In July 2021, home security system manufacturer SimpliSafe Inc. announced a new customer security monitoring service center in Glen Allen, creating 250 jobs over the next half decade. Officials estimate that construction on the site will be complete by April. This $3 million investment came just a year after the security firm created 572 jobs in the county with a new customer support center at Willow Lawn.
Meanwhile, county officials granted approval for GreenCity, a $2.3 billion, 204-acre mixed-use development on the former Best Products headquarters property that will feature a 17,000-seat arena. Construction on the first phase should begin in the second half of this year, with completion of the arena, retail and hotel space expected by 2024 or 2025.
With its lower business costs and proximity to Interstate 95, Hanover has successfully focused on wooing industrial companies to the county, says Linwood Thomas IV, director of Hanover’s economic development authority.
In March 2021, Becknell Industrial submitted plans to build a 1.1-million-square-foot distribution center at the former Camptown Races site in northern Hanover. Construction has begun on the East Coast Commerce Center, which is the biggest speculative building currently under development in Virginia, Thomas says. County officials estimate the project will be complete in the fourth quarter of this year.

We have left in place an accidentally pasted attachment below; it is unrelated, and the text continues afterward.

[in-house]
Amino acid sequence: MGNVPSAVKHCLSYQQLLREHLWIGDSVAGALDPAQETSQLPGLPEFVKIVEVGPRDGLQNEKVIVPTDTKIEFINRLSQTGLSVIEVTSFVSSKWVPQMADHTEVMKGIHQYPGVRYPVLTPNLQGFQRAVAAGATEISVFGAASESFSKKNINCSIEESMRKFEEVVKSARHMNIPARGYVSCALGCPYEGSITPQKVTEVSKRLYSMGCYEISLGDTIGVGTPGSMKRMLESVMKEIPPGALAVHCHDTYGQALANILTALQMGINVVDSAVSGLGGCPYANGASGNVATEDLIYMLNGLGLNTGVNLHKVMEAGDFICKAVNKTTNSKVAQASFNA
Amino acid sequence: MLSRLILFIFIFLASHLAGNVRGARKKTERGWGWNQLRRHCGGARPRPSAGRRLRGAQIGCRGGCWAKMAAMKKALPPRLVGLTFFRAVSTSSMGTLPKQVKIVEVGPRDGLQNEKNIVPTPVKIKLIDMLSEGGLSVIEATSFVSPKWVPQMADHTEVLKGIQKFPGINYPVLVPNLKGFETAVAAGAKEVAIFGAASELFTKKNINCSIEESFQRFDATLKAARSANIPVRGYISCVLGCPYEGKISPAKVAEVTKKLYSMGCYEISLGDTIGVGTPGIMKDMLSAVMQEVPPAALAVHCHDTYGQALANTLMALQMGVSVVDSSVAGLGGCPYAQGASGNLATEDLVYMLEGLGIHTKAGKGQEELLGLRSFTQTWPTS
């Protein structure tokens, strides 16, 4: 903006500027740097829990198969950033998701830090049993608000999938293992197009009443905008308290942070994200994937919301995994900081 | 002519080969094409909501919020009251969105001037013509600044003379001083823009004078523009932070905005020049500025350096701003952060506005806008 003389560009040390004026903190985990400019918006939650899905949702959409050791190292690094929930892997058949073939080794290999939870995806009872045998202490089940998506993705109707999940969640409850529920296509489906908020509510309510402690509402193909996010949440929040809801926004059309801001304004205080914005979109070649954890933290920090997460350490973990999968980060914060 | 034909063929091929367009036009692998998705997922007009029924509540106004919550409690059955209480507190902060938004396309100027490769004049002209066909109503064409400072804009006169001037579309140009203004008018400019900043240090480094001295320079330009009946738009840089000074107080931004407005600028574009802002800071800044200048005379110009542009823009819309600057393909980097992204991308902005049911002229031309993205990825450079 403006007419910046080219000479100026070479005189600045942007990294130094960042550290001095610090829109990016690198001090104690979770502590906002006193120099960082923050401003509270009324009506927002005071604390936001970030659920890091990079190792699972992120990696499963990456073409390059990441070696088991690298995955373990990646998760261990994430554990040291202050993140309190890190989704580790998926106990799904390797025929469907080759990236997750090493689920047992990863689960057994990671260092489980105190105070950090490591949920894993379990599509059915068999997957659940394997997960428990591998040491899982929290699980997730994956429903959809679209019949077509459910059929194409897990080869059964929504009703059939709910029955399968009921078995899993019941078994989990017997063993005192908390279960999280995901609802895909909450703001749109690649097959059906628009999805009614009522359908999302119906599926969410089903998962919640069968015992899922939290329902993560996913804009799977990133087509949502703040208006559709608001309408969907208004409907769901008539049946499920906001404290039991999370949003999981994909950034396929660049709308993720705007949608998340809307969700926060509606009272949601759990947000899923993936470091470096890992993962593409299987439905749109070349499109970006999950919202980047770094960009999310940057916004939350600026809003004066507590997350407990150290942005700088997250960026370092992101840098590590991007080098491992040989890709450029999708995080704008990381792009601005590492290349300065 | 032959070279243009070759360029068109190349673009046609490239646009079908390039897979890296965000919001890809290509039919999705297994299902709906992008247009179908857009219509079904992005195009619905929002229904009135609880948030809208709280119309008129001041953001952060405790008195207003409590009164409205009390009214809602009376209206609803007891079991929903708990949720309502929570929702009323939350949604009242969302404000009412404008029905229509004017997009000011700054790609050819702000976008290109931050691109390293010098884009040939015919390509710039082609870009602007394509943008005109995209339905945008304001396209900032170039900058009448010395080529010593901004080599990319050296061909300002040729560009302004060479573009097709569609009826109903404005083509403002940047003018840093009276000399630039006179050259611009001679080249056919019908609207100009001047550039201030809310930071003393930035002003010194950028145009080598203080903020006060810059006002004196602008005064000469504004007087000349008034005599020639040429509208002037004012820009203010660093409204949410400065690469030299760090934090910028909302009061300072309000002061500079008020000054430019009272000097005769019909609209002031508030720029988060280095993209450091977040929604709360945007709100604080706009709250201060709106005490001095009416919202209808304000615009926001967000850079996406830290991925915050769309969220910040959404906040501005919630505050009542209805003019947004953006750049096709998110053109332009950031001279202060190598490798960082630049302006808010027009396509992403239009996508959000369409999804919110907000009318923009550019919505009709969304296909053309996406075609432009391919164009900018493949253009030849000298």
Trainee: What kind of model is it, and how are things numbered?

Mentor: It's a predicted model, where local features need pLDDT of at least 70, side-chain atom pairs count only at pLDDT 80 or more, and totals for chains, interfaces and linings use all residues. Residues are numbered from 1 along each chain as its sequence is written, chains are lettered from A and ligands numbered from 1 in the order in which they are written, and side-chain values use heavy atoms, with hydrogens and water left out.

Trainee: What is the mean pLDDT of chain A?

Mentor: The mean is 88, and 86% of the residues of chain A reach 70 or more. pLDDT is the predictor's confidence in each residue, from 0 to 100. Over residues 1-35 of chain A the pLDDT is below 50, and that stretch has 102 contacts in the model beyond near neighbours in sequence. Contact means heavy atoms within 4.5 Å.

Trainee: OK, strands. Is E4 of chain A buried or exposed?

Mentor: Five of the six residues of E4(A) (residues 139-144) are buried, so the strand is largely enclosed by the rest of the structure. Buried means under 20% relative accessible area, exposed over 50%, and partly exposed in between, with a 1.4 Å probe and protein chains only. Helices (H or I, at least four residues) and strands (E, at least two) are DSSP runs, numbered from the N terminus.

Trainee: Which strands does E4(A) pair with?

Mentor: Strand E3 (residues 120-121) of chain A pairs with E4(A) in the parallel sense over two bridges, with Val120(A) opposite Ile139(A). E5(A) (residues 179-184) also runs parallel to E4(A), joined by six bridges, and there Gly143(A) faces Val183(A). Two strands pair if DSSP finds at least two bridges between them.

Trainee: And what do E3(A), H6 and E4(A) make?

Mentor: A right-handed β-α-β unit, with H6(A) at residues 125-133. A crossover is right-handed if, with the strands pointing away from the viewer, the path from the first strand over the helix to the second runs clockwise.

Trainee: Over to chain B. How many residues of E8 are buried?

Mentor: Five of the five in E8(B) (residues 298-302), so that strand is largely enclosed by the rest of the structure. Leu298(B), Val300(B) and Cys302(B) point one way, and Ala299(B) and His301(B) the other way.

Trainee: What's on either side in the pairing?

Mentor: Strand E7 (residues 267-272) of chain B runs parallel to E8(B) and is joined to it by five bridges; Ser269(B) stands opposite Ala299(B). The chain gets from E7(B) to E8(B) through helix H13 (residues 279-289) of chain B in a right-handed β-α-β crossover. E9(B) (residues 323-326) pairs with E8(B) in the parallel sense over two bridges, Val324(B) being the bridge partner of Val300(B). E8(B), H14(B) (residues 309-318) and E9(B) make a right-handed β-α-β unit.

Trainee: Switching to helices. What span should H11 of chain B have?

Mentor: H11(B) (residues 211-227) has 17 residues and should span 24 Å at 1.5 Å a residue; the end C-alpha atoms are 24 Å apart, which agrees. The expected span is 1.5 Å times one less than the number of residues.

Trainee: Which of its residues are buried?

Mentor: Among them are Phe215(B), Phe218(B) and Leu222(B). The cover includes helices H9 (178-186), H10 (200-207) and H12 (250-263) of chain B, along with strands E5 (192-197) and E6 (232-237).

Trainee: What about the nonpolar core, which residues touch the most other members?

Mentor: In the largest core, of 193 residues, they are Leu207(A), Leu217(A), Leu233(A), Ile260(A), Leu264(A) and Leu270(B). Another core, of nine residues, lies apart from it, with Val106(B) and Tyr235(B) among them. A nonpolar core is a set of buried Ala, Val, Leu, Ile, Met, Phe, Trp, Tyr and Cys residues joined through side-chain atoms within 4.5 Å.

In April 2021, Maryland-based developer Matan Cos. began construction on a $65 million project that will bring five new buildings with 650,000 square feet of industrial space. The first three buildings are now under construction, with completion set for midyear. The remaining two buildings are expected to be finished by mid-to-late 2023.
In November 2021, Performance Food Group Co. announced an $80.2 million expansion project in Hanover that will create 125 jobs. Meanwhile, the $175 million Wegmans Food Markets Inc. grocery distribution center and regional headquarters is moving ahead, despite two legal challenges to the project east of I-95. (See related story.)
After two years of back-and-forth, Chesterfield finally sealed a deal with online used car retailer Carvana Co. last year, landing a $25 million vehicle inspection and reconditioning facility that’s expected to create 400 jobs when it opens this spring.
The county also lured iFit Health & Fitness Inc., parent company of NordicTrack, which announced in June 2021 that it was leasing a 405,000-square-foot facility to serve as a new distribution center in Chesterfield, east of I-95 on Willis Road. The facility, which opened early this year, generating 40 jobs, serves as iFit’s East Coast hub.
In December 2021, Starplast USA, the U.S. division of the Israeli plastics manufacturer, announced its plans to retrofit an industrial building in Meadowville Technology Park, a $17.7 million investment expected to create 300 jobs over the next five years.